investment viewpoints

Simply put: macro uncertainty could drive market volatility

Simply put: macro uncertainty could drive market volatility
Florian Ielpo - Head of Macro, Multi Asset

Florian Ielpo

Head of Macro, Multi Asset

In our latest multi-asset macro update, we share the following views:

  • Markets have recently been more volatile, especially the commodity markets.
  • This volatility echoes the more turbulent economic backdrop – which is evidenced by the extraordinary dispersion of economic indicators.
  • Over the next few weeks, overall market volatility may temporarily increase until the investment world agrees on where the economy is heading.


Global markets have recently been more volatile than they were in the first half of the year. This volatility reflects a significant number of phenomena, with investors' attention deviating across a number of issues: the Evergrande1 situation in China and an apparent energy crisis coinciding with the beginning of autumn, to name two. Volatile, if not contradictory, economic data form another factor gradually being added to the news tumult. Macro volatility and market volatility have traditionally been related, but is that still true today?

In 2012, Robert Engle and his co-authors’ paper, "Stock Market Volatility and Macroeconomic Fundamentals", presented a model aimed at decomposing market volatility into daily and long-term components, with the latter being linked to macroeconomic fundamentals, such as industrial production growth and inflation. This study – extending from the 19th century to the beginning of the 21st century – found that a more volatile economic environment generally unfolds with a more volatile market environment. Today, markets have a marginally higher level of volatility: so is this a reflection of a more turbulent economic backdrop?


Measuring economic volatility

Most economic data is issued on a monthly basis. This means that measuring the volatility of monthly economic indicators is backward-looking and it takes time to collect enough observations to establish whether volatility is evident.

However, there is an alternative way to achieve the same objective more quickly: analysing the dispersion of different components within a single survey. This dispersion can be calculated using the standard deviation of the variations of the different components of each survey for a given month. This helps answer a simple question: are all of the components moving in the same direction? If not, ‘macro’ volatility is increasing. Such an analysis can be done, for example, with the ISM manufacturing survey (which contains 60 sub-components) or the US Consumer Price Index (which contains 312).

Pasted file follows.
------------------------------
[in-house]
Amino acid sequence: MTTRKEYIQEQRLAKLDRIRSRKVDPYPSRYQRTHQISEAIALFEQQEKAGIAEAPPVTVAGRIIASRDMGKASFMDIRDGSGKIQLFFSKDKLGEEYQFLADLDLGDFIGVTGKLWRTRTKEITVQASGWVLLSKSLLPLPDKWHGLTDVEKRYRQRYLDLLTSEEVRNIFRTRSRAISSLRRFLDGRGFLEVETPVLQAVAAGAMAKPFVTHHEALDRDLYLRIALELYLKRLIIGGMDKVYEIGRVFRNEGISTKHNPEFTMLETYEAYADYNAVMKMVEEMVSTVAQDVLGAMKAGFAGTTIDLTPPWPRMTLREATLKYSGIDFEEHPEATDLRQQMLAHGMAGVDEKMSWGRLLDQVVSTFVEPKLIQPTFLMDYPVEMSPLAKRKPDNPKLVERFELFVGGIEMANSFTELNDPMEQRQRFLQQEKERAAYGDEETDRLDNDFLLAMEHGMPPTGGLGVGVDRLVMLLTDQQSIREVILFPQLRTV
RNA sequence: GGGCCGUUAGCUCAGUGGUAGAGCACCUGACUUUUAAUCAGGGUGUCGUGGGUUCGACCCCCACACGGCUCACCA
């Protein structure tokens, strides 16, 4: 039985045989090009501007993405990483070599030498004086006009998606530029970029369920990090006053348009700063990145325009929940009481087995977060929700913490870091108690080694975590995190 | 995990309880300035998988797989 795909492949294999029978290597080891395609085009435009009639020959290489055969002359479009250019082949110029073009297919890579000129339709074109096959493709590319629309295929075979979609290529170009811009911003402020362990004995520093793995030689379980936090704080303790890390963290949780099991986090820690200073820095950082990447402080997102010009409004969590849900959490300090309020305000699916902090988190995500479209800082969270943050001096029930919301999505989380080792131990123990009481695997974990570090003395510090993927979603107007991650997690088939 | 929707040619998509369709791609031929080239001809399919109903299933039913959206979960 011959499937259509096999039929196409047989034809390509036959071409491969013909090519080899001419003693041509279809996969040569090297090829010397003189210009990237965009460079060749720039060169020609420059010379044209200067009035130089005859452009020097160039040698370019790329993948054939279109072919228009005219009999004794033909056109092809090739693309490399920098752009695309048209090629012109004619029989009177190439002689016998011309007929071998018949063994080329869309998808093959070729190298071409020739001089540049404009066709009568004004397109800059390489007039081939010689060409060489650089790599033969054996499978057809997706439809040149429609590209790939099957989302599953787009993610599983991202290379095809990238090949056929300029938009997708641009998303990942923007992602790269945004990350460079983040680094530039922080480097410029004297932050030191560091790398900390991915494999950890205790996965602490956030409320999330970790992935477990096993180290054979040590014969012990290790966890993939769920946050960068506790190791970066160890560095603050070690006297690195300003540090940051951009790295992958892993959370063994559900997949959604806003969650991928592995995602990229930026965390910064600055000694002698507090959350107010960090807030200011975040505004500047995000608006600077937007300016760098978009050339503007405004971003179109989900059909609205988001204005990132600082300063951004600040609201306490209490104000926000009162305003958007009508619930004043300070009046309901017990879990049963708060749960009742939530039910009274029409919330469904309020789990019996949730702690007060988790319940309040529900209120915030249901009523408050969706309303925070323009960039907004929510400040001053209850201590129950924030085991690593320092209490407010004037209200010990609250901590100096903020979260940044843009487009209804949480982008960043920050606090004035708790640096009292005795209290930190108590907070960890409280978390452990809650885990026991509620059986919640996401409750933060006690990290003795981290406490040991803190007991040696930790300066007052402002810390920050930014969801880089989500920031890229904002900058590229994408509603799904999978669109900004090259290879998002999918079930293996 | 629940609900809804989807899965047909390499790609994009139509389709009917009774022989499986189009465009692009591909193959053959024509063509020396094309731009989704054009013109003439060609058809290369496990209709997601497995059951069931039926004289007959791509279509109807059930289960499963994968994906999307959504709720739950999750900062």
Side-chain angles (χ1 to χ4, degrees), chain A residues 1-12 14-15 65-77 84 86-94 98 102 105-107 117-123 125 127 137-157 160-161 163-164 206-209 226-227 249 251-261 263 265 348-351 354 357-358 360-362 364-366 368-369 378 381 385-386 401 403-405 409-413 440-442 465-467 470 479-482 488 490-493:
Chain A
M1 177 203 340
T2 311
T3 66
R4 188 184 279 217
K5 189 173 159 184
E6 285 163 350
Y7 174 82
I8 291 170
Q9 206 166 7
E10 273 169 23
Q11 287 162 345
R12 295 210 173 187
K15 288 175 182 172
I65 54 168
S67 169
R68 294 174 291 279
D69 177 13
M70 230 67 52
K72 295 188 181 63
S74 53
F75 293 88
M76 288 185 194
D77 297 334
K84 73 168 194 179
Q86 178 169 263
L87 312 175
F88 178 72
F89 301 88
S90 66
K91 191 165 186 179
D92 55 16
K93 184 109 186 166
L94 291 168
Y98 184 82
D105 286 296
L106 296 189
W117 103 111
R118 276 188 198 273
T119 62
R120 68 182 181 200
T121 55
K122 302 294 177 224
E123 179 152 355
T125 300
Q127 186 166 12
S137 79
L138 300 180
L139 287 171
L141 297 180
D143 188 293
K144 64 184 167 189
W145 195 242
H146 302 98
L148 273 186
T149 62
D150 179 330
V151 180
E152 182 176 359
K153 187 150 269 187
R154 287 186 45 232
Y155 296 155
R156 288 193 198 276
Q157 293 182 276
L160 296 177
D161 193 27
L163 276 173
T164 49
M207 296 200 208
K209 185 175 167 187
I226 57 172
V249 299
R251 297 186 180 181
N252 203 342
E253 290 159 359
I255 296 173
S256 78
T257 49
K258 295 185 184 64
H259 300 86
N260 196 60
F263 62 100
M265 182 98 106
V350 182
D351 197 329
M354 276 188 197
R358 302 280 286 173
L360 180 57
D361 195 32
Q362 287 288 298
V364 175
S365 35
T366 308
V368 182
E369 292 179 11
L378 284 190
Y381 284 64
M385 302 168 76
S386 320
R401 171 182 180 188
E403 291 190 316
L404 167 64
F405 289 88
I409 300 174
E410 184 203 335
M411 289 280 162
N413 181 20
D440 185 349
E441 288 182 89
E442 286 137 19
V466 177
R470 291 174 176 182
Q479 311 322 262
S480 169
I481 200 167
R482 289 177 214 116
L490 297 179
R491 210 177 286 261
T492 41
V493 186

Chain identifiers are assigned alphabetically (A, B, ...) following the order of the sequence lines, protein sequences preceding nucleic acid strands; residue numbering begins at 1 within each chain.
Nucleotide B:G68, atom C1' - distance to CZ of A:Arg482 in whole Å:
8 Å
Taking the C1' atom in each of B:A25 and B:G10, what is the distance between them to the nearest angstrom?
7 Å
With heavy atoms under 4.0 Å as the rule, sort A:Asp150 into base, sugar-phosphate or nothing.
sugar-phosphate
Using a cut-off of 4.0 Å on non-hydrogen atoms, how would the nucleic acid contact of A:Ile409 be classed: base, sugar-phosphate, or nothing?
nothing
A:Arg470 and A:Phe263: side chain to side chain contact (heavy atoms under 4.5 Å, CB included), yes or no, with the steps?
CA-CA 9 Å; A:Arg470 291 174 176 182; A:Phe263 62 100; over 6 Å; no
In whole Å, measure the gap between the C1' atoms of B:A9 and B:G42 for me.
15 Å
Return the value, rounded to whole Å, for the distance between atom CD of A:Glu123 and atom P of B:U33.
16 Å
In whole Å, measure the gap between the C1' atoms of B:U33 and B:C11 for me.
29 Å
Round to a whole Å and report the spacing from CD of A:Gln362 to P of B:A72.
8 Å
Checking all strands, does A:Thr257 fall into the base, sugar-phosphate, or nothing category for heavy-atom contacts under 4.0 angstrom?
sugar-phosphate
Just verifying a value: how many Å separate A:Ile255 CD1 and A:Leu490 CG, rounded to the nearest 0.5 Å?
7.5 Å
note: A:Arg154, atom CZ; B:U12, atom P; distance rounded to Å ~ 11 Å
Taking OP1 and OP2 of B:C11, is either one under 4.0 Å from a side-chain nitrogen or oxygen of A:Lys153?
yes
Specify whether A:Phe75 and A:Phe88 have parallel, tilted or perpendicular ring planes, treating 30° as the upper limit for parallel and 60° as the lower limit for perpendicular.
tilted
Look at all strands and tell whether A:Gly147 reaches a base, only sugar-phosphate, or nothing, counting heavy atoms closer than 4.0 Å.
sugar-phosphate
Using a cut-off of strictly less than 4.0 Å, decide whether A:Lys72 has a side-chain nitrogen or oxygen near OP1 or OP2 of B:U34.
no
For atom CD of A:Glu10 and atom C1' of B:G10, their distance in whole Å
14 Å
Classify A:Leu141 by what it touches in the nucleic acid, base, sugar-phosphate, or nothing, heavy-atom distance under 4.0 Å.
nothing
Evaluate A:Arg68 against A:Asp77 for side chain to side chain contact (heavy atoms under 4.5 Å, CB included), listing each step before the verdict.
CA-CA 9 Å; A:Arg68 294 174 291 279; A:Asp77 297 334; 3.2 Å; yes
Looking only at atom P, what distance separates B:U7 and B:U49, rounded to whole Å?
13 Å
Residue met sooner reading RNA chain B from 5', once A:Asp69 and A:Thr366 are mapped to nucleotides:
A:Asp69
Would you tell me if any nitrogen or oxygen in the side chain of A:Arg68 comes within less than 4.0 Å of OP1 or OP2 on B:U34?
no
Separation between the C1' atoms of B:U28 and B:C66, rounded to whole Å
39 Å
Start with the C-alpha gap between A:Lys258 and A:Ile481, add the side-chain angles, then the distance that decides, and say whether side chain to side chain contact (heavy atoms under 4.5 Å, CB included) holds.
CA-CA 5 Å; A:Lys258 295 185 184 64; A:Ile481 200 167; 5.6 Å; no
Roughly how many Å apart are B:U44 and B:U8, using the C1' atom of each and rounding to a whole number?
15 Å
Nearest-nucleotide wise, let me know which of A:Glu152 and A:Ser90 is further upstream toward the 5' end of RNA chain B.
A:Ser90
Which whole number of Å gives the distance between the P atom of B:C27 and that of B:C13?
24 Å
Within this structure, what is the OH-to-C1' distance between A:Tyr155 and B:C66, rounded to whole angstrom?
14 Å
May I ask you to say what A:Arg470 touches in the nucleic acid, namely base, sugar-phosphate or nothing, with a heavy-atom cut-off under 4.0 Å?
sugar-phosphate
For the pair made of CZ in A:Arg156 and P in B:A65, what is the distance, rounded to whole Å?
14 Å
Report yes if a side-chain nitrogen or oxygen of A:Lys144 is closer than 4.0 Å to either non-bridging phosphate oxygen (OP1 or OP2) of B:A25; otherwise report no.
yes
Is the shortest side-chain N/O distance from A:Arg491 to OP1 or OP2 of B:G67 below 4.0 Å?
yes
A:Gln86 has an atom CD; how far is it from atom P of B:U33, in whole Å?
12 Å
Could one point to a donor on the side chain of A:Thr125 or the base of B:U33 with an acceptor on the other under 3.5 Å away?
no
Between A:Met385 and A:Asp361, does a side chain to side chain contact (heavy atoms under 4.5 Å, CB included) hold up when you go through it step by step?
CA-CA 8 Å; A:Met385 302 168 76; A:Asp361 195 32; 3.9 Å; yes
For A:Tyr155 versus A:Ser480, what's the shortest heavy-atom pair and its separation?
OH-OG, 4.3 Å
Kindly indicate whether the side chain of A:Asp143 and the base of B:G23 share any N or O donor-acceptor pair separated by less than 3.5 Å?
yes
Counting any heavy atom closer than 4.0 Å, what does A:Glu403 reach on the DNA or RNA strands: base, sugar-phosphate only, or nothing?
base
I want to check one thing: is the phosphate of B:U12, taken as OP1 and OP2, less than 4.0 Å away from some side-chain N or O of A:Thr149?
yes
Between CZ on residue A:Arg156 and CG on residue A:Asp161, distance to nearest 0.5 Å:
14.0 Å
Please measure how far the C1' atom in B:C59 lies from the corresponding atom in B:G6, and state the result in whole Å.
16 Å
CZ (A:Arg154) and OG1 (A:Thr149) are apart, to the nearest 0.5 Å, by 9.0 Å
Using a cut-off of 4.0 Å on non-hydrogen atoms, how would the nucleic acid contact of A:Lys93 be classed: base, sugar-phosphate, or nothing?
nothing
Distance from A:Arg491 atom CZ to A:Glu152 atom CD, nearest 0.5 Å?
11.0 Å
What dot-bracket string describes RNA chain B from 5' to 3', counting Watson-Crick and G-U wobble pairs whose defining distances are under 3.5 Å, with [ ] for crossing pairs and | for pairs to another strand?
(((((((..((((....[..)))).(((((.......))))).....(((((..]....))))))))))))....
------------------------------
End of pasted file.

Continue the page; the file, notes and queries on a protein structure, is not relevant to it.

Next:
Here, the US can represent what is happening around the world. Figure 1 presents US growth and inflation dispersion (similar results could be achieved using the European Commission's surveys or with the various Chinese PMIs).  As shown on the chart, macro dispersion is rising sharply; while this rise in growth is mainly due to the COVID-19 crisis in 2020, the chart shows a slight increase more recently, following a period of decline. On the inflation side, the indicator has spiked recently, reflecting the turmoil we are currently seeing around this theme.

We can therefore make the following observations:

  • Recent weeks have been turbulent for both inflation and growth
  • The level of growth uncertainty (weaker than that shown by inflation) has become more prominent
  • Inflation uncertainty is at record highs but shows initial signs of decline


Chart 1. Macroeconomic dispersion measures for US economic activity (left) and inflation (right), 1954-2021.




Source: Bloomberg, LOIM as at October 2021. For illustrative purposes only.

Reading note: These graphs show the evolution of the dispersion in the subcomponents of the US manufacturing ISM and in the subcomponents of US inflation (CPI). This dispersion is calculated using the standard deviation for a given date of the changes in the subcomponents. The period is from January 1954 to September 2021.


Echoes of the 1970s

In our view this uncertainty about growth is an important element and perhaps reflects more than is initially apparent. Not only are the data volatile, but they also betray the heterogeneity in the survey – some components are progressing, while others are declining. Yet inflation is where the dispersion is greatest, and we have to go back to 1975 to find a similar level of dispersion.

In 1975, core inflation rose sharply, following a rise in energy inflation in 1974. Headline year-over-year CPI in 1974 was 12.3% and core inflation reached 11.7% in February 1975 as a consequence. During this period, equities and real rates rose, while commodities stabilised. The similarity between this period and the current environment is interesting: both feature a progressive rise in market volatility (as shown by the S&P500 in figure 1), and this turbulence has not necessarily indicated that conditions are deteriorating. In 1975, equities continued to rise as inflation became less volatile.



Any reference to a specific company or security does not constitute a recommendation to buy, sell, hold or directly invest in the company or securities. It should not be assumed that the recommendations made in the future will be profitable or will equal the performance of the securities discussed in this document.


Simply put, the macro environment today is uncertain, although we believe that growth should remain strong and inflationary forces are likely to stabilise in the coming months. However, we would not be surprised to see market volatility increase temporarily during the coming weeks.


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